This is ridiculous. She's got all the boxes unpacked, and okay, her stuff's not exactly organized, but in this glorified closet of an apartment there is seriously not room to lose something. So where...?
She thinks about it a second longer, double-checks under the sink, then 'ports back home. "Mom? Have you seen--?"
Her mother, relaxing in the same armchair as ever, doesn't look up from her book. "Mr. Wuffles is on your bed, dear."
"Thanks!" exclaims Jessica, and pops upstairs to grab the ragged stuffed cat before 'porting back to New York.
He tries not to abuse it, honestly. He doesn't scan for sensitive information; he doesn't share details under a person's real name. But there's one class of thought that's too good not to look for.
There's a chart on a whiteboard in the Report break room, updated at the end of every week. A list of issues runs down the right side, while at the top is a scrawl in red marker: What Guests Think Stephen's Actual Opinions Are About...
His staff gets a good laugh out of quite a few of the trends. Sometimes they tease him about it. Other times the writers and producers use it to guide the show, bringing down the satire harder on an issue that they think guests think he thinks too gently about.
The kicker, of course, is that they're not always right either.
(Sometimes he fantasizes about breaking into one of the facilities where they keep less-than-ethical readers. Whatever else they might say or do to him, at least they'd know him.)
As usual, she leaves her old home on foot. No tickets, no public transportation, no people to identify her at train stations and on crowded roads. They'll report her missing, and eventually (because they know she's old, though they have no idea how old) write her off as dead.
It was harder to line up a couple to adopt her this time. People who believe in phoenixes at all, much less consider them lucky, are getting rarer and rarer. But she did find one, and their letters are in her pocket: one of the few things she didn't leave behind.
She's walking through a cattle ranch in Colorado when she somehow picks up company, in the form of a curly-haired seven-year-old with a sidekick collie. "I live over there," the kid announces, pointing across the fields with the help of a handy stick. "Where do you live? Are you a cattle rustler? You don't look like a cattle rustler. Where are you going? Are you lost? You can come in and see a map if you wanna."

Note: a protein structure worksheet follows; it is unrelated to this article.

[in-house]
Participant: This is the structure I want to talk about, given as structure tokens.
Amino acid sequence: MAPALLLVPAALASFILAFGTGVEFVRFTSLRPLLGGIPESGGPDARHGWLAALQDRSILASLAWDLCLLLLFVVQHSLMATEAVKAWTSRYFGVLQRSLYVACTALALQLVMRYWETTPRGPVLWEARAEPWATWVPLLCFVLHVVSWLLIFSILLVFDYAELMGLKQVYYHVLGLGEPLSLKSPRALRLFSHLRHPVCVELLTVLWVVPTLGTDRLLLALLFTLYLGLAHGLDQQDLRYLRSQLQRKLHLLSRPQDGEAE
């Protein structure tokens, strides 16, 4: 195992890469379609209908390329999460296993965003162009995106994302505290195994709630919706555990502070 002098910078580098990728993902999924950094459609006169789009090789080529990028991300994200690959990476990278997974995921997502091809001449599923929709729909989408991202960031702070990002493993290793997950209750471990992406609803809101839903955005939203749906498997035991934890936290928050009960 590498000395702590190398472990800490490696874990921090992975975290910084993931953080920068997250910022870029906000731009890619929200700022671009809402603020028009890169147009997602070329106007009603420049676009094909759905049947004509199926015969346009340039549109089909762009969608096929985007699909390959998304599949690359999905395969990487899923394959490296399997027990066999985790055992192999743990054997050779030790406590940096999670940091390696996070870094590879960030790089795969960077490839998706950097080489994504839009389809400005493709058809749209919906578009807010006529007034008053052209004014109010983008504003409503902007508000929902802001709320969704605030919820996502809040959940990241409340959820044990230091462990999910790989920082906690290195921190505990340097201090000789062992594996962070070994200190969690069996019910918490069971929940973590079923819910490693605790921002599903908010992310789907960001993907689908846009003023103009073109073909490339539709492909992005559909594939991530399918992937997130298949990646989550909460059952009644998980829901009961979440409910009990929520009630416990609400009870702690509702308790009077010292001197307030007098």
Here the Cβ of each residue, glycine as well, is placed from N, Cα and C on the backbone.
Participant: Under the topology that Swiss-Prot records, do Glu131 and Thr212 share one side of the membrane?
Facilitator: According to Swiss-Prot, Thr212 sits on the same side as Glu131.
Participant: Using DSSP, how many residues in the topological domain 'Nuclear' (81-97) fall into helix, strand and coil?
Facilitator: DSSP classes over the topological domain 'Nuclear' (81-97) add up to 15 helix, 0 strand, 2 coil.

"Hold your horses, kid...."
"I don't have horses. All I have is a dog and some sheeps. My name's Kristen and my dog's name is Teddy and my sheeps' names are Laverne and Shirley. What's your name?"
"Li Hua," she says shortly, recalling a name from a couple of rebirths back. "And calm down, Kristen. I'm going to a very nice place in Oklahoma and I know exactly where it is."
"Are you walking? That's a long walk. Especially for someone really old like you. Are you going to the bus stop? The bus stop's that way, not this way. Are you from Vietnam? Your name sounds like it's from Vietnam. Did you walk from there too?"
Is she going to be this much of a pest when she's that age again? She sure hopes not. "Not from Vietnam. And yes, I'm walking, you got a problem with that? Now go away. You annoy me too much, maybe you make me burst into flames ahead of schedule."
(A few years down the road, the newly-dubbed Lisa kind of regrets yelling at the kid. But it's too late to go back and apologize now. Kristen's probably forgotten it by this point, and even if she hasn't, what are the odds of Lisa ever being able to find her again?)
Fire control (Wyatt)
"You wanted to see me, boss?"
"C'mon, Wyatt, you make me sound like some deranged CEO-supervillain. I just wanted to say hi. Congratulate you on your last field piece. Ask how it went."
"Uh-huh," says Wyatt, not impressed. "Let me guess. You also want me to reheat your coffee."
Jon tugs at his collar, sheepish. "Well, you know, since you're here...would you mind?"
Wyatt groans, picks up the Indecision 2012 mug, balances it in his fingers, and conjures a small flame over the palm of his hand. It only takes a couple of seconds for the dark liquid to start steaming.
Honestly, he's pretty much cool with this; it saves the building on a ton of petty heating costs, which pays out in more perks, including nicer hotels when they're doing cross-country interviews. It's just fun to make people squirm. Jon in particular. He's got one of those faces.
"You need anything else?" he asks, doodling spiral afterimages in the air with one lit-up finger. "Leftovers warmed up? More hot water in the shower? Obnoxious guest you need to take down a couple pegs?"
Jon nearly chokes on his coffee. "Please don't scare the guest again. Uh, no, I think that'll do it. Oh! I wanted to congratulate you."
"On my last bit? You just did that."
"No! What? Like I would only have thought of one thing to praise about you. No, this time I was thinking of...uh...." He stares at Wyatt's manifestly unimpressive plaid shirt for a couple of seconds, then aims his search higher, at the growth Wyatt's been cultivating for the past year. "...your hair! It's looking very...round."
Wyatt throws up his hands. "Man, you just had to say that, didn't you?"
"Sorry? Is 'round' one of the words we're supposed to avoid now?"
"It's not the word, dude, it's the compliment! Murphy's law is out to get me. Every time anybody says something nice about my hair, I accidentally burn it, like, the next day. It's happened to my beard three times now." Wyatt checks his fingers for sparks or stray ash, blows the tips off just in case, then pats his poor doomed afro into shape. "He didn't mean it, baby. Stay strong, okay? Stay strong."